Before I became a Certified Flooring Inspector, I did not realize that there are two types of wood flooring: solid wood and engineered wood floors. (Laminate is a hard surface type of flooring, but is not considered wood.)
Both types of wood flooring have certain things in common. Both can only be installed in an enclosed, temperature controlled environment. While wood flooring is not a living thing, it is sensitive to the environment in which it is installed, just like people. Both solid and engineered wood flooring shrink and grow as the wood responds to changes in the temperature and relative humidity of your home. Solid floors are more sensitive to these changes than engineered floors.
Relative humidity requirements vary from manufacturer to manufacturer. In general, a safe humidity range for wood floors is somewhere between 30% and 60%. If you live in an area that experiences high humidity, you should consider a dehumidifier for your home. If your region is very dry, you’ll need a humidifier to keep your wood floors looking good.
Safe indoor temperatures for solid wood floors range from 60F- 80F.
You should avoid using liquids to clean your wood floor. Use a flat, dry mop or a clean broom to remove dust and grit on a regular basis. Use an approved spray cleaner to remove sticky spots. (Spray the cleaner on a rag and wipe the floor; do not apply the spray directly onto the wood.)
Any type of finish, whether urethane or aluminum oxide, will scratch. A darker finish shows more scratches. Consider this factor if direct light, like from a sliding door, will fall across the floor and highlight the scratches.
Solid wood and engineered wood floors also have several important distinctions. Knowing these differences will help you decide which type will work better for you.
All About Solid Wood Flooring
As its name implies, solid wood flooring is a wooden board typically 3/4” thick. The board width determines if it is called strip or plank. Strips are normally 2”-3” wide. Planks are 3” or wider. You can also buy parquet, small square or rectangular patterns that piece together to form a design.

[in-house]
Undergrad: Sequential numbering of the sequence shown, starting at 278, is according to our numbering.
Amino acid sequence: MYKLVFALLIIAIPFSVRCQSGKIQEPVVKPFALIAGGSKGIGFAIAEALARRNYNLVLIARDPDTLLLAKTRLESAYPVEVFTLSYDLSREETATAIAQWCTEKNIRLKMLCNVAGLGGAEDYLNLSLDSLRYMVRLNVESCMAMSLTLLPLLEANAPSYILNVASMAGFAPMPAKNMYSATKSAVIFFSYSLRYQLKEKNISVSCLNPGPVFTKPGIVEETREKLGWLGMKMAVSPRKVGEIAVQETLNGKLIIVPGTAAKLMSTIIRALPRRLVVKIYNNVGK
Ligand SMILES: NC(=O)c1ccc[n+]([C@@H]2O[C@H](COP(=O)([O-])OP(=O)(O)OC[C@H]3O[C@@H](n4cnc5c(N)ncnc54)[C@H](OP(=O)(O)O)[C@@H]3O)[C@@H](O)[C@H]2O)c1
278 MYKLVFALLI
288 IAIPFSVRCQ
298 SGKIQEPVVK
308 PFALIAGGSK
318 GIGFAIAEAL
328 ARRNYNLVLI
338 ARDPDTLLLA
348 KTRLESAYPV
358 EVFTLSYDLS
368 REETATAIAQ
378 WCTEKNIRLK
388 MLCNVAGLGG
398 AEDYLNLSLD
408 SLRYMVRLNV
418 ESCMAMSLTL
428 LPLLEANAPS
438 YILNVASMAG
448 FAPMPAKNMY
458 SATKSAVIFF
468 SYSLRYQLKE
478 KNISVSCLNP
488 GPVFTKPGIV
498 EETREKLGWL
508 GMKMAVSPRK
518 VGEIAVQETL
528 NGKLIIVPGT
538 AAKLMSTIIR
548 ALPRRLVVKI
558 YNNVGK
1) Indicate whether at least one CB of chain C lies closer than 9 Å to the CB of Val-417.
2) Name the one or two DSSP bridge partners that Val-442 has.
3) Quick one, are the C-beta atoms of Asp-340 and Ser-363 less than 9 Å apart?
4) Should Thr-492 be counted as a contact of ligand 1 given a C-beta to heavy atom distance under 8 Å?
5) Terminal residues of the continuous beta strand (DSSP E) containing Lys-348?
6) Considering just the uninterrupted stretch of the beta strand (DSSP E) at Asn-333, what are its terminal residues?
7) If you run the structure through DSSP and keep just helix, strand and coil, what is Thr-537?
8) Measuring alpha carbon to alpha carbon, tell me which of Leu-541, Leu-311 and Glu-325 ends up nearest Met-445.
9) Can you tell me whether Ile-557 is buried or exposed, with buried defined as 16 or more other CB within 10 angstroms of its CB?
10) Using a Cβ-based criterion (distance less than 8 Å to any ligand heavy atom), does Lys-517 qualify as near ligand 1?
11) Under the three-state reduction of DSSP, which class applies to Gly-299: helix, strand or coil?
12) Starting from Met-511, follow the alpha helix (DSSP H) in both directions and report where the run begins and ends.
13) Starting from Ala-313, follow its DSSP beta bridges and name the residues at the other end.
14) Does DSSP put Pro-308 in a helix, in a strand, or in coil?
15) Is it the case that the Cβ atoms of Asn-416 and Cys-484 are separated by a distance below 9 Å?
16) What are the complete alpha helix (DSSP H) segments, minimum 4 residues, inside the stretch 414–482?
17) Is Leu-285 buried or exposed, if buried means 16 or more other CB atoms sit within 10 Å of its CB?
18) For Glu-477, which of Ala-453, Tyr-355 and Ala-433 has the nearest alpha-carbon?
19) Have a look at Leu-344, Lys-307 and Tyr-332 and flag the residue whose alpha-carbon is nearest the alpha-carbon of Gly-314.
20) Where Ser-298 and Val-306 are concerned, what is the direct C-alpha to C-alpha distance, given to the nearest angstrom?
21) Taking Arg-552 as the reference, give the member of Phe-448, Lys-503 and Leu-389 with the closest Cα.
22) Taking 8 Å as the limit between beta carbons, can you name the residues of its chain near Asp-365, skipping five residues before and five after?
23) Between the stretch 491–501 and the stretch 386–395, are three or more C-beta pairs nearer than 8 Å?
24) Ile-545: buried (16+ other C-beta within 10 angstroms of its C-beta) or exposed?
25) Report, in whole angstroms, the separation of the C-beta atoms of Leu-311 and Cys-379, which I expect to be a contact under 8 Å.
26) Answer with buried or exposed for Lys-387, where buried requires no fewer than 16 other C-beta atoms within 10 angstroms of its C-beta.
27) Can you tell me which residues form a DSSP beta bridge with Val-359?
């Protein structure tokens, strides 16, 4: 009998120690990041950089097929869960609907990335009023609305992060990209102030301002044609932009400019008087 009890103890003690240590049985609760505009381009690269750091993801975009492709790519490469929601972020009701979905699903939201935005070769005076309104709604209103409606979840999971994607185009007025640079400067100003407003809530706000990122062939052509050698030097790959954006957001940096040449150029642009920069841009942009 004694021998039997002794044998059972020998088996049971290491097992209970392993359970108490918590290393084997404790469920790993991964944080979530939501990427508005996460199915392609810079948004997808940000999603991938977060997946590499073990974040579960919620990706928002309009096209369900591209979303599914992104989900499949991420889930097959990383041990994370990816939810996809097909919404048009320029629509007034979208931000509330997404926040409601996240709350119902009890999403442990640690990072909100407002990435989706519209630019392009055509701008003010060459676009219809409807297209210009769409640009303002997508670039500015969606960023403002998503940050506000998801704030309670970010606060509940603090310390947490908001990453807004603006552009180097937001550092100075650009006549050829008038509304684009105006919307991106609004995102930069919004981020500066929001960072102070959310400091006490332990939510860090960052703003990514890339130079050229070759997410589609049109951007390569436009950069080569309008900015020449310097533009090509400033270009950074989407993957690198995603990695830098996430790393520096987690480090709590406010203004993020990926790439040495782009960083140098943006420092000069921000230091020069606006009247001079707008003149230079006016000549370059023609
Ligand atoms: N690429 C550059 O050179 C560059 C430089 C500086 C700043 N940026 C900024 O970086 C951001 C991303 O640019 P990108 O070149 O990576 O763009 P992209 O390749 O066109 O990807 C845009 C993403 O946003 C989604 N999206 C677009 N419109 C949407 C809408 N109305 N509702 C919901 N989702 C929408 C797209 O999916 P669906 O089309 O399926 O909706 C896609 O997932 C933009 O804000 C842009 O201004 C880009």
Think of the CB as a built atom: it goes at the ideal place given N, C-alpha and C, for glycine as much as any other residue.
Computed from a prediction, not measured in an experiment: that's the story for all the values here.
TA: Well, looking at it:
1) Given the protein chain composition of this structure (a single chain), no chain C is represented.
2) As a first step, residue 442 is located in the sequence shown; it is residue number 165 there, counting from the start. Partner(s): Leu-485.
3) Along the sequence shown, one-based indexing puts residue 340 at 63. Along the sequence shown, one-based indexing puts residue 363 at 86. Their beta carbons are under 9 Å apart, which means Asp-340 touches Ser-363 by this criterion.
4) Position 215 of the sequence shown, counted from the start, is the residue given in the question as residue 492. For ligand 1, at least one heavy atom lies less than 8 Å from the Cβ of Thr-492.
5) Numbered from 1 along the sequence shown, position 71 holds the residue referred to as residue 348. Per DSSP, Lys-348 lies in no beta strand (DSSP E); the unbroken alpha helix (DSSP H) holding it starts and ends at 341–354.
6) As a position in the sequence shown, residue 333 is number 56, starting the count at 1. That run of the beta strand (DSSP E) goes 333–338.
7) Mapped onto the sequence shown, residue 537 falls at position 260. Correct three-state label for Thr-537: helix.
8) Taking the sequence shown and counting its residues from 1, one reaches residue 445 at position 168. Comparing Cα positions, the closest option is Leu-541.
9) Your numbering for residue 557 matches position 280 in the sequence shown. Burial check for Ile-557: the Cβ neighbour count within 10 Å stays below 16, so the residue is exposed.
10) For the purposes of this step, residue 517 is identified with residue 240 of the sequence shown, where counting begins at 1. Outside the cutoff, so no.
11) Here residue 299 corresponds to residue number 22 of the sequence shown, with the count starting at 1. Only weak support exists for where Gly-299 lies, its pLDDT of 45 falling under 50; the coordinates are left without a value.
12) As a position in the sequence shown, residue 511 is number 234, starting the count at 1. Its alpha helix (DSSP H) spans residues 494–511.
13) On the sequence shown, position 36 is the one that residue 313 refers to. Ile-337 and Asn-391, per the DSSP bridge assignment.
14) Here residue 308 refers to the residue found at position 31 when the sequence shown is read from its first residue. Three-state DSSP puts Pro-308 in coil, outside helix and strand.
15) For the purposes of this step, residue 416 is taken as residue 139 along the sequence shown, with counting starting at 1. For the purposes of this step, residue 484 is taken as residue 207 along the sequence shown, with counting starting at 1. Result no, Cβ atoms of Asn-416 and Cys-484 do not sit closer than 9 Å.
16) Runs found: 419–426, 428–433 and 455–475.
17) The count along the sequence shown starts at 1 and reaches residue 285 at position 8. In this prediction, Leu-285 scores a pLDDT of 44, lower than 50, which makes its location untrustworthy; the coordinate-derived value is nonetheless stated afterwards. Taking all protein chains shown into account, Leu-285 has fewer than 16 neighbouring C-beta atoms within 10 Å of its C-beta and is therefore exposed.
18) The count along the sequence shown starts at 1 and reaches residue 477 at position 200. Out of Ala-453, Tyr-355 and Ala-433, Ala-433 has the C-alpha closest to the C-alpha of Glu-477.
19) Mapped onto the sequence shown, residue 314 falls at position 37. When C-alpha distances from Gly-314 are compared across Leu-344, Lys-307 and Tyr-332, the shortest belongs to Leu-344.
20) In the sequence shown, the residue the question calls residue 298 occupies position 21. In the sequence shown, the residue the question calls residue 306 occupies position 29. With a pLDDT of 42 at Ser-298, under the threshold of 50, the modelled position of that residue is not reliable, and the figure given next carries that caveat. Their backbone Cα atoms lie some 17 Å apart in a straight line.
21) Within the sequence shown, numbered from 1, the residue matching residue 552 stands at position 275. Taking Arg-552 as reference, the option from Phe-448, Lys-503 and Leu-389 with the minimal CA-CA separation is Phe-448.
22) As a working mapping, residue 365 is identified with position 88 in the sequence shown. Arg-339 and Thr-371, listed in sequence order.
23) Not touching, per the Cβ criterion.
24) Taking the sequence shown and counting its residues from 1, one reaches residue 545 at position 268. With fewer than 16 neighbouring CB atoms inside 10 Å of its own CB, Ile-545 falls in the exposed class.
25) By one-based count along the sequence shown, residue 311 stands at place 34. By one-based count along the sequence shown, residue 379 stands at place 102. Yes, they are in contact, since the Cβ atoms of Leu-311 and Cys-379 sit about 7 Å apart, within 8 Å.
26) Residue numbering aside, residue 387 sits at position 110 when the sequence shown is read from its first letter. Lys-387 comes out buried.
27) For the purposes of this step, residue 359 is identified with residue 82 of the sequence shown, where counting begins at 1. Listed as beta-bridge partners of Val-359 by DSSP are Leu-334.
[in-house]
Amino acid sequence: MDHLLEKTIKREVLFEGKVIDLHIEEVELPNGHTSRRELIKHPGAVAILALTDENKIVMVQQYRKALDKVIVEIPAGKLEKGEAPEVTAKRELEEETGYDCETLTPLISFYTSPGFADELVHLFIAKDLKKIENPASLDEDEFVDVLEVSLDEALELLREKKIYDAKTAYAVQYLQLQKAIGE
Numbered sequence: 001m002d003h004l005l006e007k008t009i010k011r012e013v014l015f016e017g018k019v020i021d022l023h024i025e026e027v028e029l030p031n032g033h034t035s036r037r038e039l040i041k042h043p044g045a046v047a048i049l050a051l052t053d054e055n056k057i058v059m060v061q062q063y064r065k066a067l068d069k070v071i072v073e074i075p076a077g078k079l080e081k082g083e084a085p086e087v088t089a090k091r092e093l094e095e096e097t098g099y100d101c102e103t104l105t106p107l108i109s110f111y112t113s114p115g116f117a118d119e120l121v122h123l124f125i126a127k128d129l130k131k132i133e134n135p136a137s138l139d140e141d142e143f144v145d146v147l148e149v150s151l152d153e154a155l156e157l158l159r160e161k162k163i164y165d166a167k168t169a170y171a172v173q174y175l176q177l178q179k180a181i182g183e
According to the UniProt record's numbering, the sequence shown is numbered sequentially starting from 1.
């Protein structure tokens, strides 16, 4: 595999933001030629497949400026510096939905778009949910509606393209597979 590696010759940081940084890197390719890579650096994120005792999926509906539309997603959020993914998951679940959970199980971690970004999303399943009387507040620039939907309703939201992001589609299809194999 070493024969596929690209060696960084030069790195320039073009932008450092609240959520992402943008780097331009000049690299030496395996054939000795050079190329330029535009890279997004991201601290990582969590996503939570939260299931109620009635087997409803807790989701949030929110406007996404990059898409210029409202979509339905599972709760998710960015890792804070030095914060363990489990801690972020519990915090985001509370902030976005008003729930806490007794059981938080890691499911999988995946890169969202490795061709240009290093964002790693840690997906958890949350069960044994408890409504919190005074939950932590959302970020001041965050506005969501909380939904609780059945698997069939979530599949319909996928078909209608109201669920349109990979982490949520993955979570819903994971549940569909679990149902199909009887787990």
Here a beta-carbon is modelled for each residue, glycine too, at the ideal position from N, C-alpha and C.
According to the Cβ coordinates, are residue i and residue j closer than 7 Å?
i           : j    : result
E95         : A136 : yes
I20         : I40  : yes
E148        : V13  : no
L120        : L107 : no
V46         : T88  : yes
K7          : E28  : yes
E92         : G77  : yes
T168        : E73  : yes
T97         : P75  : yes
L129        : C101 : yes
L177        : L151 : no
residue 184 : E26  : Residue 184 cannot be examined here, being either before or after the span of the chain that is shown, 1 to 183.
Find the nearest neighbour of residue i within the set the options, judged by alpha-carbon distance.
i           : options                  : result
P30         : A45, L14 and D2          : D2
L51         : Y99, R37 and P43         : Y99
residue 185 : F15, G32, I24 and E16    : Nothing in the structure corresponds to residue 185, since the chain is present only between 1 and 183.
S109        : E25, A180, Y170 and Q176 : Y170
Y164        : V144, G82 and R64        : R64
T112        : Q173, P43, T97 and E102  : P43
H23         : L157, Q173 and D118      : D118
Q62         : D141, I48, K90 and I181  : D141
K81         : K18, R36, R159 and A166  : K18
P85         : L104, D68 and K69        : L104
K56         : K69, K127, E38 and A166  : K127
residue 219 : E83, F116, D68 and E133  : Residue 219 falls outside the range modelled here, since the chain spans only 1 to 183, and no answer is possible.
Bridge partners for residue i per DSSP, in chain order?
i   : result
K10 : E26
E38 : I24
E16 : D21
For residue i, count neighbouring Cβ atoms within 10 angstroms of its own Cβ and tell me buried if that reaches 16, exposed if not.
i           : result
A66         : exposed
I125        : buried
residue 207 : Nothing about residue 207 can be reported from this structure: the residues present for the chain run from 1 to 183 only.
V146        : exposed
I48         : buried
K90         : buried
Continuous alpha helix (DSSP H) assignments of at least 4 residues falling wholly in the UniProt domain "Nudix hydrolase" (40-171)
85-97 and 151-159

Solid wood floors are sold by grade. The best grades have even graining and will finish beautifully. Lower grades have uneven graining, many knots, and mineral streaks.
Most solid wood floors come from the factory unfinished, although some manufacturers offer factory finished solid floors. Solid floors are nailed to a subfloor. Unfinished floors are sanded, stained, and sealed on site.
According to the National Wood Flooring Association, solid wood floors are only installed on grade or above grade. (Below grade is defined by the NWFA as: “the entire flooring level is considered to be BELOW grade, where soil is present along any perimeter wall and is more than 3” above the installed wood flooring.”)
In practical terms, this means that solid wood flooring cannot be installed below ground level. The reason is that solid wood floors are very sensitive to moisture changes. Installing below grade could expose the wood floors to potentially damaging moisture levels.
A solid wood floor can be refinished many times. It will last for generations.
All About Engineered Wood Flooring
Engineered wood floors generally cost less than solid wood floors. Engineered wood flooring is basically a wood veneer over a plywood base. They are sold in widths from 3” to 7” wide, in varying thicknesses. There are several factors that determine the quality of engineered wood floors.
Because wood floors are sensitive to humidity and temperature changes, the plywood base is what gives the floor its stability. The plies are glued together so that each layer is perpendicular to the one above and below it. More plies also means more stability. Seven plies are better than five plies, which are better than three plies. Also, species of wood respond differently to humidity and temperature changes. In a lower grade engineered wood floor, each ply could be a different wood species. They might expand and contract at different rates. This makes for a less stable floor.
Keep in mind that a lower grade floor will also have a thinner veneer. This may keep you from refinishing the floor even once because the sanding process might remove the veneer and expose the plywood base.
Most engineered wood comes factory finished. This saves the expense and mess of sanding and finishing the floor in your home.
Engineered floors give you more installation options. Because they are less sensitive to moisture, they can be installed below, on, or above grade. Most can be nailed or glued to the subfloor, or floated over (not attached to) the subfloor.
Both solid and engineered wood floors look beautiful and last a long time. However, the combination of lower cost materials and flexible, less expensive installation choices make an engineered wood floor more popular than a solid wood floor.
Who is Glenn Revere?
Glenn Revere has been a carpet expert since 1973. He’s a certified flooring inspector and the author of All About Carpets, the only book written to protect and inform you about your carpet choices, from carpet buying and carpet warranties to carpet care and maintenance. You can find him on Facebook, Google+ and Twitter.
Photo: “Wood Floors” by Pat (Cletch) Williams is licensed under CC BY 2.o
Share and Enjoy
Tags: about wood flooring, caring for engineered wood floors, certified flooring inspector, engineered wood flooring, engineered wood floors, flooring expert, flooring expert glenn revere, hard wood flooring, hardwood flooring, humidity and wood floors, laminate wood flooring, solid wood flooring, temperature and wood floors, types of wood flooring, weather and wood floors, wide plank wood flooring, wood flooring, wood flooring options, wood flooring tips, wood flooring types, wood flooring types pros and cons